Kiwi kids are suffering unnecessarily from severe tooth decay that could be prevented, according to research published in JAMA Paediatrics, the highest-ranking journal of Paediatrics, Perinatology and Child Health in the world.
The nation-wide study, evaluating the link between community water fluoridation and the experience of severe tooth decay in four-year-old New Zealand children, analysed the B4 School Check screening programme data of 275,000 children over a five-year period from 2011 to 2016.
The findings show children who didn’t have a fluoridated water supply were 20% more likely to have severe tooth decay.
“Modern dentistry can only do so much to tackle this issue and by the time children receive dental care it’s often too late to save their baby teeth, which then affects the development of adult teeth,” Dr Martin Lee, Canterbury’s Community Dental Service Clinical Director, says. “Community water fluoridation is the safest and most cost-effective preventative strategy we have to protect the teeth of all Kiwi kids, and the teeth of all New Zealanders generally.”
Nearly one in seven (15%) of four-year-olds who had had a B4 School Check were found to be severely affected by tooth decay. While the rates of severe decay were much higher for Māori and Pacific children and children living in deprived areas, no-one was immune – 7% of NZ/European children and children living in the least deprived areas had severe tooth decay.
Four-year-olds with severe decay frequently need a general anaesthetic for their dental treatment and many of those on hospital waiting lists have chronic toothache and abscesses.
New Zealand has a long-term national policy supporting community water fluoridation, yet only 54% of the population currently receives it. A Bill proposing moving responsibility for this from Councils to District Health Boards, introduced in 2016, has not been progressed since a health select committee report in 2017.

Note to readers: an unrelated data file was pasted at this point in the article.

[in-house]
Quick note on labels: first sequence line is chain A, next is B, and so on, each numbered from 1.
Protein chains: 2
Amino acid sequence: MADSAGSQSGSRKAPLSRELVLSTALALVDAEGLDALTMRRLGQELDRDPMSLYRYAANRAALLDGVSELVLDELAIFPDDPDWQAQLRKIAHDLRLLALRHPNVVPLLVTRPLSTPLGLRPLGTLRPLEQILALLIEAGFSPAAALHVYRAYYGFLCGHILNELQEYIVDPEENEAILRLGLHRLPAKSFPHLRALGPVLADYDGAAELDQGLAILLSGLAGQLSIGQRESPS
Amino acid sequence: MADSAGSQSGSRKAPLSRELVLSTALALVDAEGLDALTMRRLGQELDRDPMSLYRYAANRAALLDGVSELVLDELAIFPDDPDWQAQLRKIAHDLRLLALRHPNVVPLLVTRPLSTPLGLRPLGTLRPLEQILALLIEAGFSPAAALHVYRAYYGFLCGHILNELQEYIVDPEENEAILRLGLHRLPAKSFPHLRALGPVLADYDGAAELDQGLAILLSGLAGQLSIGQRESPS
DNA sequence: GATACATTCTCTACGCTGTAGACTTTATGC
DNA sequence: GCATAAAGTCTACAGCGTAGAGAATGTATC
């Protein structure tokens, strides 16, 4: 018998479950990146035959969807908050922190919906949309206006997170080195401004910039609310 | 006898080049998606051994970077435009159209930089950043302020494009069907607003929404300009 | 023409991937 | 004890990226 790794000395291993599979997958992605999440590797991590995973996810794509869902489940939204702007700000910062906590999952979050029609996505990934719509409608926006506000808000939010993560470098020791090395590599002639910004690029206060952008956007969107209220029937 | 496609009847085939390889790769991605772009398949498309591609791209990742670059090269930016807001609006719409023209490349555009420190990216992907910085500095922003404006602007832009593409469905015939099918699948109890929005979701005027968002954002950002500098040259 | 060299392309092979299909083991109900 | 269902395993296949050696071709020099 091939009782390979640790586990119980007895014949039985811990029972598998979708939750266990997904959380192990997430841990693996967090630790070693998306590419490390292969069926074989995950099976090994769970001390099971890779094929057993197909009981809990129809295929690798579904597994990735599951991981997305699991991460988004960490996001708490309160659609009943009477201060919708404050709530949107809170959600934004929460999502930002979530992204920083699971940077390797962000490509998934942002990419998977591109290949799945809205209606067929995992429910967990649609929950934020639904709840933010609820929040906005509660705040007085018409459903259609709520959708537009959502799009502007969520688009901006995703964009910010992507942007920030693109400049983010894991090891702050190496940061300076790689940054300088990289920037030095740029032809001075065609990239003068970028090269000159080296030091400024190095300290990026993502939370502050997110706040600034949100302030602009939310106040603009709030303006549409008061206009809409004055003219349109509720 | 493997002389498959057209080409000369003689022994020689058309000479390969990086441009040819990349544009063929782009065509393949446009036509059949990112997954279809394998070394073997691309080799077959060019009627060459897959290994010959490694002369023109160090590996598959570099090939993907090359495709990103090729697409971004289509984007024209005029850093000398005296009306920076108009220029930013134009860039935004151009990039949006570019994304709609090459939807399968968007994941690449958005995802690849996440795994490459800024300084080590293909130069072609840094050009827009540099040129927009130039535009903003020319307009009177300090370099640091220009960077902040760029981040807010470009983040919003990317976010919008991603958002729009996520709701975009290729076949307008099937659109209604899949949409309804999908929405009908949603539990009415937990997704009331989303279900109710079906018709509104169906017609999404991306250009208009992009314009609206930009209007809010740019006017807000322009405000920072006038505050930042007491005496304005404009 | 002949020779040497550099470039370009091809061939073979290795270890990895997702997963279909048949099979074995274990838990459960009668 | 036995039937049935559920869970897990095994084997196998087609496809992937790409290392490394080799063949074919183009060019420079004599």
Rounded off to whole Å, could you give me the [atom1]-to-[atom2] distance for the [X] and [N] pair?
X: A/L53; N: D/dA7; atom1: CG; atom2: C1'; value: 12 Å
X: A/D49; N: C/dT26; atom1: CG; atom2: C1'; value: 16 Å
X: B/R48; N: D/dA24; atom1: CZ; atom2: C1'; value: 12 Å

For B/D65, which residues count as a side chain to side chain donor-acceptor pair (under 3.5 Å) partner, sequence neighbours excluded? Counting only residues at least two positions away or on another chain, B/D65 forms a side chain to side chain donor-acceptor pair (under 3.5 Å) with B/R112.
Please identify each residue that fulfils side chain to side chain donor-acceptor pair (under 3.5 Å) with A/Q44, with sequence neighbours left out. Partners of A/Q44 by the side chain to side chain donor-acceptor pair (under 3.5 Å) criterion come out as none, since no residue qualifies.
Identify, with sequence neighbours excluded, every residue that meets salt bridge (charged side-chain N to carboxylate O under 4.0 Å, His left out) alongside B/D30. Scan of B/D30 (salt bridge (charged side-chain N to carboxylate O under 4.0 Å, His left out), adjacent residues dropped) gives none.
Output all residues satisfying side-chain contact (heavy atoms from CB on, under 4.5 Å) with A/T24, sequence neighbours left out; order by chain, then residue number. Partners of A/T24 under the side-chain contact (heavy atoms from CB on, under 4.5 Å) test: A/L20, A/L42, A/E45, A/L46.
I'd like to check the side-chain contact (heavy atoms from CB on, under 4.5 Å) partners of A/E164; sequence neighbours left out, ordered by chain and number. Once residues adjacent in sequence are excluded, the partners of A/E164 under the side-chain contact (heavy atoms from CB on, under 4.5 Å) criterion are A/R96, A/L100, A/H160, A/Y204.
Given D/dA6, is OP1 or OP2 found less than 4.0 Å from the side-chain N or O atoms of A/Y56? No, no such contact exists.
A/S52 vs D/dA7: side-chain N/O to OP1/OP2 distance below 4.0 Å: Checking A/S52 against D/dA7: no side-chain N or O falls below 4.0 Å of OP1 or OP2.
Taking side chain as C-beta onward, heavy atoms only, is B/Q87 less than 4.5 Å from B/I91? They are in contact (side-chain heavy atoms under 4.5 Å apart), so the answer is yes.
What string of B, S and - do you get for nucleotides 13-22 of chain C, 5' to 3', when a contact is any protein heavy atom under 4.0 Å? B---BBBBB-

Lead author of the study, Philip Schluter, Professor of Population Health at the University of Canterbury (UC), says the burden on the dental health of Kiwi kids is not shared equally across the country.
“The research shows the current lack of widespread community water fluoridation disproportionately affects children living in the most deprived areas, with Māori and Pacific children more likely to experience worse oral health than pakeha, even after accounting for key sociodemographic factors,” Professor Schluter says.
“We hope that the real-world evidence provided in this research will be used in evidence-based policy-making to combat the woeful oral health burdens and neglect carried unnecessarily by so many children in New Zealand.”
The research was undertaken by a team of legal, public health, dental, water quality, and geospatial specialists: Professor Philip Schluter, University of Canterbury (Population Health expert); Dr Martin Lee (Canterbury’s Community Dental Service Clinical Director); Helen Atkins (Director of Atkins Holm Majurey, New Zealand’s leading specialist environmental law firm; and President-elect, Water New Zealand); Mr Barry Mattingley (Senior Scientist in drinking water quality at ESR, a New Zealand Crown Research Institute); and Dr Matthew Hobbs, University of Canterbury (Senior Lecturer in Public Health with specialist geospatial expertise).
- Study of 275,000 Kiwi children over a five-year period (2011–2016) found:
- Children in areas without a fluoridated water supply were 20% more likely to have severe tooth decay
- Māori and Pacific children living in the most deprived areas were 8 and 12 times (respectively) to have severe tooth decay
- 7% of NZ/European children and children living in the least deprived areas had severe tooth decay
- Nearly one in seven (15%) of four-year-olds who had had a B4 School Check were found to be severely affected by tooth decay.
- New Zealand has a long-term national policy supporting community water fluoridation, yet only 54% of the population receives it.
- A Bill proposing moving responsibility for community water fluoridation from Councils to District Health Boards, introduced in 2016, has not been progressed since a health select committee report in 2017.